MAD DOG AND SHOCK TREATMENTS

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Stray dogs were always around the store at Loyd Star, but my cousin Forest, Jr. only claimed one as a pet. Sparks was a beautiful red Chow that he raised from a puppy. The two of them were inseparable.
One Saturday morning during one of my summer visits, Forest Jr. and I were scouting around looking for something to do. We found a China Berry tree and declared war. We pelted each other with the hard china balls until we grew tired. Exhausted from our war, we walked to the store for a cold drink, and when we reached the building, we saw Mr. Versie's Ford pickup parked next to the gas pump. We noticed a 12 gauge shotgun hanging across the truck's rear window.
Forest, Jr. and I got our drinks and punched a hole in the bottle caps with an ice pick., (A new Forest, Jr. invention) We sat down near the drink box to suck on our drinks. All of a sudden we heard Mr. Versie scream, "MAD DOG! Don't come outside!", he commanded. My cousin and I ran to the screen door to see what was happening. Nothing was more terrifying than a dog with a running fit going mad. There were stories of rabies and rabid dogs that jumped into open windows biting an entire family and the possible fatal outcome of such a bite.
Looking out the screen doors we saw the dog running in circles in front of the store. It was Sparks, Forest, Jr's constant companion. Sparks was foaming at the mouth with a glaze over his eyes that I will never forget.
In slow motion the event unfolded. Mr. Versie dropped the gas pump nozzle, reached inside his truck for his shotgun, then there was a loud report, and a tumbling ball of red fur hit the gravel. My cousin fell to his knees crying.
The store at Loyd Star was our window to the world, and Mr. Versie and his wife were two characters that walked through it.
Mr. Versie was a regular at the store. He was a man of controversy and contradiction. Men would call him peculiar, women would say, cautiously, that he was charming. He was of medium build and had the dark piercing eyes of an executioner. His hair was neatly parted and combed, fingernails closely cut and clean. His clothes were always starched and ironed, his shoes shined to perfection. His manner was deliberate. He chose his words carefully, as if he were giving a legal deposition. There was something about him that was unnerving, just a creepy feeling, the kind of feeling that you get when you realize that you are standing underneath a nest of red wasps. There was no doubt that Mr. Versie was hiding a hair spring temper, but it was his wide, brown belt with the brass buckle that caught our attention. (It was rumored that Mr. Versie sometimes beat his wife with it.)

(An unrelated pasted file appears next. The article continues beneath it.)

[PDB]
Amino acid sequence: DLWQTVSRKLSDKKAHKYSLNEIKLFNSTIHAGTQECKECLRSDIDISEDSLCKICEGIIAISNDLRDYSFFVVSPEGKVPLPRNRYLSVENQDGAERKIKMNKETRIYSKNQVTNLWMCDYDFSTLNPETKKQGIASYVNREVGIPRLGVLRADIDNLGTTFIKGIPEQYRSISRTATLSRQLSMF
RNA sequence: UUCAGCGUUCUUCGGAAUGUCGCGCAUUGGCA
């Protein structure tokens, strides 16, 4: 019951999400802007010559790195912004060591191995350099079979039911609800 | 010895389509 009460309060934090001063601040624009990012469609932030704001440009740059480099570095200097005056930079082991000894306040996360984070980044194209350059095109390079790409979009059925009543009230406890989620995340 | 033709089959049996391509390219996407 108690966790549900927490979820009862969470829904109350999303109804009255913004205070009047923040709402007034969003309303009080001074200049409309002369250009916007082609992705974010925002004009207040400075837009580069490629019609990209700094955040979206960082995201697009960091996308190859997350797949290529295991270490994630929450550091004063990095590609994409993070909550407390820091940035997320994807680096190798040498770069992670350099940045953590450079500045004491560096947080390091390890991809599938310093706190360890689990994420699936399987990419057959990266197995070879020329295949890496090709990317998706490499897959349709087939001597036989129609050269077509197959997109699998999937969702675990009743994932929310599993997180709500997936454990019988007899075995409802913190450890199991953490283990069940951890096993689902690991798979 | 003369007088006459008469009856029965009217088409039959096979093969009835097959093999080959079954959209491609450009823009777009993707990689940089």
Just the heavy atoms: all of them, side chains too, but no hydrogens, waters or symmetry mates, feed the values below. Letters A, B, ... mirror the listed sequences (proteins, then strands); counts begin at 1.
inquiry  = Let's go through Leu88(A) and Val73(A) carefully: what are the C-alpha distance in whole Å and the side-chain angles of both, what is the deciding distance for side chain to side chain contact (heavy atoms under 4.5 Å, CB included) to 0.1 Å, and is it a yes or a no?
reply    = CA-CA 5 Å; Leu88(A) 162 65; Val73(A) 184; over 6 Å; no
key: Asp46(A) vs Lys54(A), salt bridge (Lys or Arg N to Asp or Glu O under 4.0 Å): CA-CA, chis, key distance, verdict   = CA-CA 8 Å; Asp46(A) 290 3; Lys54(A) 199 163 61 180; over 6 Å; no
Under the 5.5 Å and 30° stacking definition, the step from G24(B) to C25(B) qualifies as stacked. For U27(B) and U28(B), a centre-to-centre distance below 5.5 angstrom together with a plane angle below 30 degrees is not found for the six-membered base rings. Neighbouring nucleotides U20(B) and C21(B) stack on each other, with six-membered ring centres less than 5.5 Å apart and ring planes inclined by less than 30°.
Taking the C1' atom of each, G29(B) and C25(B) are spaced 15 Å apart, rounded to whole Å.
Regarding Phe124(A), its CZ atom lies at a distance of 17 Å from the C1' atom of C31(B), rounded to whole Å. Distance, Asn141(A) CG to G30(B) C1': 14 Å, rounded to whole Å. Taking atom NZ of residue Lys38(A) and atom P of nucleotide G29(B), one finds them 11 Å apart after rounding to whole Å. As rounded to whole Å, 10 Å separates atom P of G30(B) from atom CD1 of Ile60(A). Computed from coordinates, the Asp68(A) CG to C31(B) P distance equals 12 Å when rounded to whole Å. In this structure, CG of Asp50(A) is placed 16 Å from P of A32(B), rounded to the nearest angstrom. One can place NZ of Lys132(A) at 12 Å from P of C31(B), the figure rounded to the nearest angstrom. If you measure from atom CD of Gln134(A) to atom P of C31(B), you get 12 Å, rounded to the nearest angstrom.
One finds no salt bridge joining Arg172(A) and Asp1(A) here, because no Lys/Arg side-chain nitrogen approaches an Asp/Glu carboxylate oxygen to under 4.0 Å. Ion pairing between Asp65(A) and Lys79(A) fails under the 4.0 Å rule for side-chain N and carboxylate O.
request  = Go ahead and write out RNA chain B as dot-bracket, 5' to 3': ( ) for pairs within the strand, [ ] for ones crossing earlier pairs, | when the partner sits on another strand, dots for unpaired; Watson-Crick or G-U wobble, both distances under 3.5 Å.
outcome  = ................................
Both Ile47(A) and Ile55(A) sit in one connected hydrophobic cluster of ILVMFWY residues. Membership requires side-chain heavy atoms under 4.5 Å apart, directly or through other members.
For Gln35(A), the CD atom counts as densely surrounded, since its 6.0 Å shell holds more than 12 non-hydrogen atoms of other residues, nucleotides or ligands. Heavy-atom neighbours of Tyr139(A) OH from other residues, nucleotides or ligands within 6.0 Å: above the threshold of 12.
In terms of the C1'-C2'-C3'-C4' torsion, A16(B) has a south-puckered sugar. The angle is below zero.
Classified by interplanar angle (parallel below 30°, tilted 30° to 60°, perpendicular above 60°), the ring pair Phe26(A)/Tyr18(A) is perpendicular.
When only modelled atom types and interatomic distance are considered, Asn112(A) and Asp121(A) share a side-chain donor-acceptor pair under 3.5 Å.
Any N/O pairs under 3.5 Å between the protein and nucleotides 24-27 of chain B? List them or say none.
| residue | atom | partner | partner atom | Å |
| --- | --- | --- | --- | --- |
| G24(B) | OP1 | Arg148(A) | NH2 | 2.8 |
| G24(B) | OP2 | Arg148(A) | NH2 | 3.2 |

Mr. Versie's wife was much younger than he was. She came from up north to teach music at the school. she didn't teach long. She was pretty, in a strange way. She was frail, and delicate, but she wore corduroy overalls, a wide-wale cardigan sweater, and serious shoes. Her brown hair was wavy and styled in the Marlene Dietrich look of the 40's. She loved ice cream.
In 1946 the Purity Ice Cream Company at Brookhaven started a new promotion to increase sales of their nickle cups of ice cream. They printed pictures of movie stars on the cup lids: Clark Gable, Rita Hayworth, Lana Turner, and a stunning photograph of Gene Autry. Mr. Versie's wife started collecting the Lana Turner's. Forest, Jr. and I traded our Lana Turner's for her Gene Autry's. She had a sweet, gentle manner, often tousling our hair or carressing our faces with her fingers, calling us "precious children." The things she talked about had a way of scattering as rapidly as clouds on the edge of a cold front. She would begin conversations telling us about something in the movie magazines, then it would be something she had heard on one of her radio programs, then she would describe a "sentimental journey" that she wanted to take back to Lake Michigan. She carried a white oak basket in the crook of her slender arm for her purchases. Her eyes were red and swollen, and when she left, only the smell of her perfume lingered.
My summer visit came and went/ Six years later Mr. Versie called the Sheriff in Brookhabven to come and get his wife, he was admitting her to Whitfield, the state's mental asylum. Forest, Jr. told me he saw the Sheriff's car pass the store with Mr. Versie's wife in the back seat. "I was so close I could have reached out and touched her," he said. "She had this strange look on her face. She lifted her hand to wave, but it was her eyes that I will never forget, they were glazed over, just like Spark's."
No one ever knew the truth about why she had a nervous breakdown. Mr. Versie never discussed it and no one ever asked him. Chilling details of shock treatments, straight jackets, locked doors and barred windows reverberated through Loyd Star. There were rumors that she had become infatuated with a pretty school teacher at the school. Mrs. Versie died at Whitfield, Mr. Versie never remarried, and Forest, Jr. never claimed another dog for a pet.
My cousin and I knew that Mr. Versie had to shoot the dog, but we always wondered deep down if he enjoyed it.